The big picture: As Axios has recently reported in Vitals, employer health costs are eating up a larger share of overall compensation that they did 20 years ago. But as this chart shows, over the last 10 years, health costs as a percentage of overall compensation for larger employers — the ones that are most outspoken on the issue — have moved in a narrow band, between 8 and 9 percent of total compensation.

  • For all private employers, it has remained between 7 and 8 percent of compensation over the same period.
  • Premium growth has also been modest — in the 3 to 4 percent a year range — and is not likely to jump in 2019. There is no question that workers are feeling the pain of out-of-pocket costs, but that’s a different problem.

Between the lines: There may be a few explanations for the perception of a health cost crisis in the corporate world. Employers have held costs down, in part, by shifting them to employees. They may now feel cost shifting is nearing a natural limit.

They get blowback about it from their employees, and most have always seen cost shifting as an expedient way to shave their annual premium increase rather than as a meaningful cost containment strategy.

  • Even if health costs have not been growing recently as a percentage of compensation, there still can be sticker shock, with the average cost of a family policy around $19,000 per year, about the cost of a Honda Civic. Plus, health benefits still consume 7.5% of overall compensation for private sector employers — a significant share, though far less than wages (69.6%).
  • The averages also conceal the fact that some employers are getting hit harder than others.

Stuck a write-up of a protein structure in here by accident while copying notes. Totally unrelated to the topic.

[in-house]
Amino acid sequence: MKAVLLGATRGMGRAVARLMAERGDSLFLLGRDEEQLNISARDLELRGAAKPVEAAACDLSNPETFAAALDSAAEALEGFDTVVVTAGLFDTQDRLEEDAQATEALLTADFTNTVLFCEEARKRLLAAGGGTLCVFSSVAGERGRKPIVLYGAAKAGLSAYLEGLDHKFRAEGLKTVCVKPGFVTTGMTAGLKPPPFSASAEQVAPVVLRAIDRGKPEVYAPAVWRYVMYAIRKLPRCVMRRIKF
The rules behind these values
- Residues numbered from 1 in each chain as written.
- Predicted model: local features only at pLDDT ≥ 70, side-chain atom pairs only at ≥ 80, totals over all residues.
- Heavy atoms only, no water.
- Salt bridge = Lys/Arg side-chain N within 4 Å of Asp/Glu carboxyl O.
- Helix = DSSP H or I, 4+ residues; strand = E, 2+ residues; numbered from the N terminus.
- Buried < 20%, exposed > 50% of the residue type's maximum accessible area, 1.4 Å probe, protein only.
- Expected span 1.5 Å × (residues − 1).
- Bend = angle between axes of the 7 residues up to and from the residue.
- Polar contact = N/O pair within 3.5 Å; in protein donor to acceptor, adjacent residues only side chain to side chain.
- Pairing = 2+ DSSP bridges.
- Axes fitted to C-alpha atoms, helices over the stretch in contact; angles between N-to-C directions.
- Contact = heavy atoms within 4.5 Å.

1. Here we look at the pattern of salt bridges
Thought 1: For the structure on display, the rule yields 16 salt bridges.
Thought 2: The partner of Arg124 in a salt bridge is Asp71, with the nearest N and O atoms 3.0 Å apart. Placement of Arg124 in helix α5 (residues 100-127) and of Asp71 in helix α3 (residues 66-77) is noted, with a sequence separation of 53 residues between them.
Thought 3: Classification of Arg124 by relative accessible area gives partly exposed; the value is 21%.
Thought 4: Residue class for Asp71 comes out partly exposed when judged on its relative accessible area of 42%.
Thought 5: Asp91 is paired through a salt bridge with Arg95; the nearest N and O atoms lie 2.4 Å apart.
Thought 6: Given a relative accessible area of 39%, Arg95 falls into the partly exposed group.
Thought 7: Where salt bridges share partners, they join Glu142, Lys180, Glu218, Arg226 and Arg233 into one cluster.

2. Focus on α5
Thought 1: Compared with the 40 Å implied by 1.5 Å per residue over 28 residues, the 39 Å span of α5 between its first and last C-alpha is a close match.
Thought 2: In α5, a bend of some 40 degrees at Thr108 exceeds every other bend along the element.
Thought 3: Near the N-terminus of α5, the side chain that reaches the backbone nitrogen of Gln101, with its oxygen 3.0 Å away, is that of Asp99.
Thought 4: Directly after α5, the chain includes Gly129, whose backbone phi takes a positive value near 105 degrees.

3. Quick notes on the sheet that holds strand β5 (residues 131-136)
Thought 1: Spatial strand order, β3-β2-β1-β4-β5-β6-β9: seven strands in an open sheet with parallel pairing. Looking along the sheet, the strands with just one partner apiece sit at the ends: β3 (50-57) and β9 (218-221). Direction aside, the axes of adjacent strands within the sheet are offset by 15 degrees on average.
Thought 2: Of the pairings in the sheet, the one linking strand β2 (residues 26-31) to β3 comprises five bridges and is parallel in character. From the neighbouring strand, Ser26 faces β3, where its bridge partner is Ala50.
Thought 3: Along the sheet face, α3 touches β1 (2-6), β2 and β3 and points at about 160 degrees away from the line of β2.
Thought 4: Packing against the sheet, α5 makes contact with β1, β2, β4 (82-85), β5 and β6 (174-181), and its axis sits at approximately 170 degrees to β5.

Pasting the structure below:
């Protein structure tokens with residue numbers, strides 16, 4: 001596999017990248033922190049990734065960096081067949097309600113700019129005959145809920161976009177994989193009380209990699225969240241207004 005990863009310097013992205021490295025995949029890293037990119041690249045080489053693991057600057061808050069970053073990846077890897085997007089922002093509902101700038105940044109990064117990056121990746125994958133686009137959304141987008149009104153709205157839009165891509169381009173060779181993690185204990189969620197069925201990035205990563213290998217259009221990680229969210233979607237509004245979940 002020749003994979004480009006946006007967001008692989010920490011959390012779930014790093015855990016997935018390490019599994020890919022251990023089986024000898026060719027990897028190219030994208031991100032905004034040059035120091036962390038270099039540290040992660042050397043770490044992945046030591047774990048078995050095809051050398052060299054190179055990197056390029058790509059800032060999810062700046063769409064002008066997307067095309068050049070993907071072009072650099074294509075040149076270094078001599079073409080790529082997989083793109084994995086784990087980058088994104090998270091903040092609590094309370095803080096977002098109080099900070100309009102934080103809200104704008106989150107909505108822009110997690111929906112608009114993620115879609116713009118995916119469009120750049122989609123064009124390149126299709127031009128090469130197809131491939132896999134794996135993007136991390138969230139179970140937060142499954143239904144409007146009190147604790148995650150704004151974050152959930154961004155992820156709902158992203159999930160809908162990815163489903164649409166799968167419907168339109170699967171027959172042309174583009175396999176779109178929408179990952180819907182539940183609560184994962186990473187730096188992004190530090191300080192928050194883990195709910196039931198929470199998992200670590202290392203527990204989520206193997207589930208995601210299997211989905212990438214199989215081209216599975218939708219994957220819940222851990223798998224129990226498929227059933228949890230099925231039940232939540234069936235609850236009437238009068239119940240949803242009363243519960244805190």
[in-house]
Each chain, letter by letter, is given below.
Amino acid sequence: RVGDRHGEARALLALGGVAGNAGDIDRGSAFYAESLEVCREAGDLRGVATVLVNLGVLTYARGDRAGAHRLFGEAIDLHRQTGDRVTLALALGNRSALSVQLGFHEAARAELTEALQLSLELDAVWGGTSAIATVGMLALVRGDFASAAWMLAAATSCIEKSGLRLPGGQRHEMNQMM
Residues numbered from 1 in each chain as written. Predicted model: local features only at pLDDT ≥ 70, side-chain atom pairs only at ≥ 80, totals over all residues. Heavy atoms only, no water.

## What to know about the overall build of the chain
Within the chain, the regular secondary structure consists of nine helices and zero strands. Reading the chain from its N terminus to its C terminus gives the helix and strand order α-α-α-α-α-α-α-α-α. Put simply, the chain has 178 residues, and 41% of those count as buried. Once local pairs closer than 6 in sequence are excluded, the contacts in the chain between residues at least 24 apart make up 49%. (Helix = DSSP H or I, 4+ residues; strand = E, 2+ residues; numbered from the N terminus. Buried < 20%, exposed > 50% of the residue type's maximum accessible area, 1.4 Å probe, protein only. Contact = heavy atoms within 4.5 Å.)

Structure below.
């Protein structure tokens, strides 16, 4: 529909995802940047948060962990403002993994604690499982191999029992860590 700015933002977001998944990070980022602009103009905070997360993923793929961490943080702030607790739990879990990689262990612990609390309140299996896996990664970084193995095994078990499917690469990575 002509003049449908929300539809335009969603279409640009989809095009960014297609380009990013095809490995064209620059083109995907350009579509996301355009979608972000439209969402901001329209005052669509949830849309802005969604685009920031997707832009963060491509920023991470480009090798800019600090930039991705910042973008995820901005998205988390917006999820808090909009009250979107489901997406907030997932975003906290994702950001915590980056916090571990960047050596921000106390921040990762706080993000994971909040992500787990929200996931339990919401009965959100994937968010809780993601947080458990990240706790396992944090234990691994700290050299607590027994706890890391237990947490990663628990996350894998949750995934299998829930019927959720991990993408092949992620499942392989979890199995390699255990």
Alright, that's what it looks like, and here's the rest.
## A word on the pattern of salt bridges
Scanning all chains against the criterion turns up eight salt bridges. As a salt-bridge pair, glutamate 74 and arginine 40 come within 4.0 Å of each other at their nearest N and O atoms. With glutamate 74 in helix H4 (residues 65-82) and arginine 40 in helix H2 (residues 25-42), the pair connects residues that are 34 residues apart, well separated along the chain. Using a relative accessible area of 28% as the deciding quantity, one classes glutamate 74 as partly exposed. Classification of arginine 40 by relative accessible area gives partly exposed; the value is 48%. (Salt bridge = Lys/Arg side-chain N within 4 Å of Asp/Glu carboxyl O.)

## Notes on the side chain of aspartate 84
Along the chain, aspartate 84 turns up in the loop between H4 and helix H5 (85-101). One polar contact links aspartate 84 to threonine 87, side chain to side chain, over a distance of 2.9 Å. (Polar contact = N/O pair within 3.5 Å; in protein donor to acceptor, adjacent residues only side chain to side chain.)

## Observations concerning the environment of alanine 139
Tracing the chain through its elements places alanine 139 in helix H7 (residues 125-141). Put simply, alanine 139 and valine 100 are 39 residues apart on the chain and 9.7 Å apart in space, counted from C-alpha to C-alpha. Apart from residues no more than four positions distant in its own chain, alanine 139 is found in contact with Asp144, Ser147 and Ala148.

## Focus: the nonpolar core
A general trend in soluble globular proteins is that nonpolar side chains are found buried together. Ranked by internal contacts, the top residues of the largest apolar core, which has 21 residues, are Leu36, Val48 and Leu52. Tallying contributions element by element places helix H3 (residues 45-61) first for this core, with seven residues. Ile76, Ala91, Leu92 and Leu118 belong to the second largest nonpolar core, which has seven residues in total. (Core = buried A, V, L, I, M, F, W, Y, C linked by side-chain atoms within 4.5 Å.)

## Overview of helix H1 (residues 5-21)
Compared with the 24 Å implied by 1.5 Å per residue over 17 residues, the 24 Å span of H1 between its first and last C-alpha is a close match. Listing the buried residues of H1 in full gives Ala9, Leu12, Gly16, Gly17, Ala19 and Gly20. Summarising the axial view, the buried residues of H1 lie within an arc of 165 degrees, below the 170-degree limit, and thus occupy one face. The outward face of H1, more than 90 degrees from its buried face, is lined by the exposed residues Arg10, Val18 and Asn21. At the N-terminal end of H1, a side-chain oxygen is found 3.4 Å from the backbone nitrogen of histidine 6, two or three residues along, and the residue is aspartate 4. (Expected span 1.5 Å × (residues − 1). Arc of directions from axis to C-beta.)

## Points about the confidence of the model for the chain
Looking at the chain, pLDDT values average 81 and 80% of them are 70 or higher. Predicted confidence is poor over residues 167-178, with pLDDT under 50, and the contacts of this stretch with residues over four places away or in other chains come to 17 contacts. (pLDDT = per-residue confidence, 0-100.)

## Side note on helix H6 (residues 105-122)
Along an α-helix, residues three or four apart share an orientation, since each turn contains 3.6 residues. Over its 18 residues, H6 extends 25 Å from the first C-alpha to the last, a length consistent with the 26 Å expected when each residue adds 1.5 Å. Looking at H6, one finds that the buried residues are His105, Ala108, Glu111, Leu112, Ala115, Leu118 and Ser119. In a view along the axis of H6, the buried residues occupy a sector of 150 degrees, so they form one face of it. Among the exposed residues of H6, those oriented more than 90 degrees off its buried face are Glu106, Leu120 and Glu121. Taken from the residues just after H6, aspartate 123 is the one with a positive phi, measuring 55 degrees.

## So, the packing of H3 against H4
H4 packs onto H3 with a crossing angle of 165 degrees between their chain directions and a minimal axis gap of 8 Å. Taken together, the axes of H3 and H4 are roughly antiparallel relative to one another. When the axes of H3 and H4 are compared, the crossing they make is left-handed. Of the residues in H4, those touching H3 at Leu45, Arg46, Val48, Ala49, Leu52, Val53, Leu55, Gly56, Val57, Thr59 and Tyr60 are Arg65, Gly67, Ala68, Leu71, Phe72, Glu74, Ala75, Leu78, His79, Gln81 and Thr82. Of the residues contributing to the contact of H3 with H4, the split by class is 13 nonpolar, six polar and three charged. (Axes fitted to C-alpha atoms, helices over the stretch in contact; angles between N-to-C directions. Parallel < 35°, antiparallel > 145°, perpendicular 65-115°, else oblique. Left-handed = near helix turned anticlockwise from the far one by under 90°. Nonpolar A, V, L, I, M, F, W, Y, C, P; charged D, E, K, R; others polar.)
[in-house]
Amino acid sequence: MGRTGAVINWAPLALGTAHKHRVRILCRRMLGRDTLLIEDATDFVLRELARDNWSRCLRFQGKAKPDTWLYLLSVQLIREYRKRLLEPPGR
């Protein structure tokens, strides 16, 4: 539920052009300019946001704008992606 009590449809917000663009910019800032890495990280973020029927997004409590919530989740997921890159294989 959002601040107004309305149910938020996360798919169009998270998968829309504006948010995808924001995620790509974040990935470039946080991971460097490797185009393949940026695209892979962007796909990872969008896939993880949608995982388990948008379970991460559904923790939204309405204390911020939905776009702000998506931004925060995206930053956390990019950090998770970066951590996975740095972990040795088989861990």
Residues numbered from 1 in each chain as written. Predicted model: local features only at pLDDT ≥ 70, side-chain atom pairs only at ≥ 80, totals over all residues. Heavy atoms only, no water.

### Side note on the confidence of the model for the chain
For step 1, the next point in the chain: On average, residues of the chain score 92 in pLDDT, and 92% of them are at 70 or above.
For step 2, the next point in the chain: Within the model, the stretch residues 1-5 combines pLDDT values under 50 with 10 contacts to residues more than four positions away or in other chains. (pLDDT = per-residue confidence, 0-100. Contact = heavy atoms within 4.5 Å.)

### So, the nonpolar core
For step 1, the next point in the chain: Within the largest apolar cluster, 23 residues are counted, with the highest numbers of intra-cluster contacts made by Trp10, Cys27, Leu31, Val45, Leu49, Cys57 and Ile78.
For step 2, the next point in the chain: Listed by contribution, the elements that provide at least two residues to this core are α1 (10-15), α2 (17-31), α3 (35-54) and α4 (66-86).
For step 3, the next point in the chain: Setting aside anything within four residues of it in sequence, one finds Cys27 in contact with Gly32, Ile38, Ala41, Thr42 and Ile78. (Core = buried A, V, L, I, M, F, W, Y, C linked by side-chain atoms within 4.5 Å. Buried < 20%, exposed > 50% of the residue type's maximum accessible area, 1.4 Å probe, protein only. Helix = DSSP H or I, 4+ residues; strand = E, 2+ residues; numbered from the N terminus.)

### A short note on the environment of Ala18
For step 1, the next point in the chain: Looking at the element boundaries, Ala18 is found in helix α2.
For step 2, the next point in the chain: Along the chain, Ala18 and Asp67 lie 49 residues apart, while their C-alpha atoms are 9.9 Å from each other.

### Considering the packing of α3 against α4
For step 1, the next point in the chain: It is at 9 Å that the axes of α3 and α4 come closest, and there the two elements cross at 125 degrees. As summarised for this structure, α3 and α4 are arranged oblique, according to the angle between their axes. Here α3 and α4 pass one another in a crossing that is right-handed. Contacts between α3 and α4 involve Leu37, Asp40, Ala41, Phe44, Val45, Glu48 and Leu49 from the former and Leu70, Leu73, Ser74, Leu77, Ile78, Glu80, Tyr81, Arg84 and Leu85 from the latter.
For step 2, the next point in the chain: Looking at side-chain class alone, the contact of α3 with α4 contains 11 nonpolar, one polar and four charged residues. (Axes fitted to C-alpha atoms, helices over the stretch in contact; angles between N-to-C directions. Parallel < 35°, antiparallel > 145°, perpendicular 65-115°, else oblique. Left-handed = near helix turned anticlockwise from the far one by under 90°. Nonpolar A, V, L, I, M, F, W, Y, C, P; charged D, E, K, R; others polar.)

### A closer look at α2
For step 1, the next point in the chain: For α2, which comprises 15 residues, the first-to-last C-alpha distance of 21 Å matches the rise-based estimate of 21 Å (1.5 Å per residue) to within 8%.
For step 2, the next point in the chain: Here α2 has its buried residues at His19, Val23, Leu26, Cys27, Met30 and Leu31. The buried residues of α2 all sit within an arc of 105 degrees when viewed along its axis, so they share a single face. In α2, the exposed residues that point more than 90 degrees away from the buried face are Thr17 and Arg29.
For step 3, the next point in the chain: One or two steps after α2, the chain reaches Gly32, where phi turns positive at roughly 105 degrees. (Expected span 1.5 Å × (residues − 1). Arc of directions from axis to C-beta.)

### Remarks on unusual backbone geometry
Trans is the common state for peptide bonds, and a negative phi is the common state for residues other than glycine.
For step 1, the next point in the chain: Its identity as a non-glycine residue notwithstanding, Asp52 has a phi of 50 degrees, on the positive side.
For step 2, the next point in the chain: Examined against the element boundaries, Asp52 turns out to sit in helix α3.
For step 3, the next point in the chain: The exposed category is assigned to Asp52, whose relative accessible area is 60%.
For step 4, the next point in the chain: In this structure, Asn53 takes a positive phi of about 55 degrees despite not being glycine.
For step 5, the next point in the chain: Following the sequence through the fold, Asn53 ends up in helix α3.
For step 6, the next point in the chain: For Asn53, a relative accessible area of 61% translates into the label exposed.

What we've seen in recent years in our employer survey is largely business as usual, with most employers deploying a grab bag of cost strategies, from cost shifting to disease management to wellness programs and more, without expressing great confidence in any one strategy. That approach is more consistent with the data showing the burden of health costs largely stable with moderate cost growth. 

The bottom line: The data on corporate health costs are at odds with the rhetoric of a crisis or the sense that employers are poised to take dramatic action.  Please let me know what I am missing.

Go deeper

$1.2 trillion "hard" infrastructure bill clears major procedural vote in Senate

Photo: Kevin Dietsch/Getty Images

The Senate voted 67-32 on Wednesday to advance the bipartisan $1.2 trillion infrastructure bill.

Why it matters: After weeks of negotiating, portions of the bill remain unwritten, but the Senate can now start debating the legislation to resolve outstanding issues.

Fed chair says he isn't concerned by Delta surge

Fed Chairman Jerome Powell at the G20 finance ministers and central bankers meeting in Venice last month. Photo: Andreas Solaro/AFP via Getty Images

One of the country's most influential economic officials doesn't anticipate that surging coronavirus cases will knock the reopening recovery off course.

What he's saying: "There has tended to be less economic implications from each [coronavirus] wave. We'll see if that's the case for the Delta variety," Federal Reserve Chairman Jerome Powell told reporters today.

Updated 4 hours ago - Economy & Business

Ubisoft workers demand company accountability in open letter

Photo: Frederic Brown / Getty Images

Close to 500 current and former employees of “Assassin’s Creed” publisher Ubisoft are standing in solidarity with protesting game developers at Activision Blizzard with a letter that criticizes their company's handling of sexual misconduct.

Why it matters: Ubisoft and Activision Blizzard workers are framing the actions as part of a bigger movement meant to have lasting change in the industry and its culture.